France has long been on the “bleeding edge” of terrorism, confronting terrorism in all its guises from bomb-throwing anarchists to transnational networks. This chapter briefly surveys the French experience with counterterrorism over the last fifty years, chronicling the actions that the French government has taken to improve its capacity to fight terrorism and describing the institutional system that has evolved in France to prevent and respond to terrorist attacks. After a long and often painful evolution, that system has become quite adept at preventing terrorist attacks in France while respecting French democratic traditions. But the system is not without its...

    • Chapter 8 Germany’s Response to 9/11: The Importance of Checks and Balances
      (pp. 285-334)
      Giovanni Capoccia

      The post-9/11 counterterrorism policies enacted in different countries display important differences. In the United States, the emergence of an international terrorist threat on an unprecedented scale has led to a great increase in the power of the executive (see, for example, Heymann 2003; Ackerman 2004a, 2004b; Scheppele 2004). By contrast, other countries that are potentially exposed to the same threat and are certainly aware of the danger, such as Germany, have retained tighter limits on the power of the executive. What explains these differences? A large literature has emphasized that even in the presence of common external shocks such as...

    • Chapter 9 The Consequences of Counterterrorist Policies in Israel
      (pp. 335-366)
      Ami Pedahzur and Arie Perliger

      Violent attacks against civilians for the purpose of terror constituted an integral part of the strategies carried out by both Jewish and Arab factions in Palestine during the years of the British Mandate, especially after 1936 (Kimmerling and Migdal 2002; Lachman 1982; Lustick 1995). The founding of the Israeli state on May 14, 1948, led to a war between Israel and its neighboring Arab countries that lasted for more than a year. By the end of the war, the new State of Israel controlled much more land than was initially allocated in accordance with the United Nations partition plan.¹ A...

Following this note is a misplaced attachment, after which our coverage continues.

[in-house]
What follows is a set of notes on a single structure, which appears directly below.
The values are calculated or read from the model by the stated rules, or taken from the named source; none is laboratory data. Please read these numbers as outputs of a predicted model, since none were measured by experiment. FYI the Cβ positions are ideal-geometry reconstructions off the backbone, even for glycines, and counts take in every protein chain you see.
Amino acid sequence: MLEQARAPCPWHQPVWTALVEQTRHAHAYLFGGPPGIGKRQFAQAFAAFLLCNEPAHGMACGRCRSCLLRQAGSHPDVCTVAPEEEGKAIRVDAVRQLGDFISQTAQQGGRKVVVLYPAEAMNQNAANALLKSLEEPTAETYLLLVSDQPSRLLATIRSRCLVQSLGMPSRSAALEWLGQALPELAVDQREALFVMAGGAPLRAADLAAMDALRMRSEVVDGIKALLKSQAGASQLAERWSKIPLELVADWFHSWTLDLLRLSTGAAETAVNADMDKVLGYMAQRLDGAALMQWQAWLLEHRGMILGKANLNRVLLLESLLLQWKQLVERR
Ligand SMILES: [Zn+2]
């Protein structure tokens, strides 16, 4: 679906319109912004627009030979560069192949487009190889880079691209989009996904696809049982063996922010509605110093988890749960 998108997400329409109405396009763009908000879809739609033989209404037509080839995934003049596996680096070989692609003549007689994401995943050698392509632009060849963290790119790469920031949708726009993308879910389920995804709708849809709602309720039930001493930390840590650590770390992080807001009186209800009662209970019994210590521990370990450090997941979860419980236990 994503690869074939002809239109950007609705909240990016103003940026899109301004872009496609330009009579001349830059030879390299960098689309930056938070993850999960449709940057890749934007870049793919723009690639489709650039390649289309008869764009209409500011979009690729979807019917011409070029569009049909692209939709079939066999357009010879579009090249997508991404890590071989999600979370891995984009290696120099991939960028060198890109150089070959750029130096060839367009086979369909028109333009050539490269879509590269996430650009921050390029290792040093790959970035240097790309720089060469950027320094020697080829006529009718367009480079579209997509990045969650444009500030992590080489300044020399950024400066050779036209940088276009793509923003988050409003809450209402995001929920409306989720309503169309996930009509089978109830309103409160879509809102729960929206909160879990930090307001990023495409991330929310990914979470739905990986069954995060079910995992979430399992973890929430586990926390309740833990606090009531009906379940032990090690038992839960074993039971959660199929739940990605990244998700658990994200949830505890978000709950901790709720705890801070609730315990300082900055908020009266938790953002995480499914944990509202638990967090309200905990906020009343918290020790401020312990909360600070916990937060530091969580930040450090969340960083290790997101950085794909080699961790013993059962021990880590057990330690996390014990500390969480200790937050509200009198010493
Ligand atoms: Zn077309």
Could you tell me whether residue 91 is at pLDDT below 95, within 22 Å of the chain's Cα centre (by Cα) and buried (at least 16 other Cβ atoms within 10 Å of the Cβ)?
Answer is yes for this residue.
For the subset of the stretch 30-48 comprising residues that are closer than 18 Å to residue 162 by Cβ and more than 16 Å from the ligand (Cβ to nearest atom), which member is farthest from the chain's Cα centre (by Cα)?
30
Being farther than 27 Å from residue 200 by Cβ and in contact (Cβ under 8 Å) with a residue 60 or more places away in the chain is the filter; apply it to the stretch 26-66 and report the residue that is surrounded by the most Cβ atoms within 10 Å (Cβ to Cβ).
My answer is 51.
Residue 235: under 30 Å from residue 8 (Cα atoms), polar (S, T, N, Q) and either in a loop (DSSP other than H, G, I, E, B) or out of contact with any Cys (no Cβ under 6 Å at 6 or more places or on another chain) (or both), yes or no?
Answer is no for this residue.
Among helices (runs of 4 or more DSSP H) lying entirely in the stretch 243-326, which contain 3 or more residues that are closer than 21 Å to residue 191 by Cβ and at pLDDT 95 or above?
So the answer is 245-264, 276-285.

• Chapter 10 Terrorism as Conventional Security for Democracies: America, Japan, and Military Action in the Asia-Pacific
      (pp. 367-398)
      David Leheny

      Because of their vulnerability both to attack and to political exploitation, democracies face in terrorism a particularly double-edged threat. As other chapters in this volume note, open and liberal societies present a wide array of targets to organizations that would use the space afforded by civil liberties to recruit and plan attacks, and these groups can also count on a relatively free press to publicize and even sensationalize attacks. Terrorist groups are not the only beneficiaries of the expansion of fear. Even one attack—the possible detonation of a “dirty bomb,” the release of anthrax in a crowded mall, the...

  8. Index
    (pp. 399-422)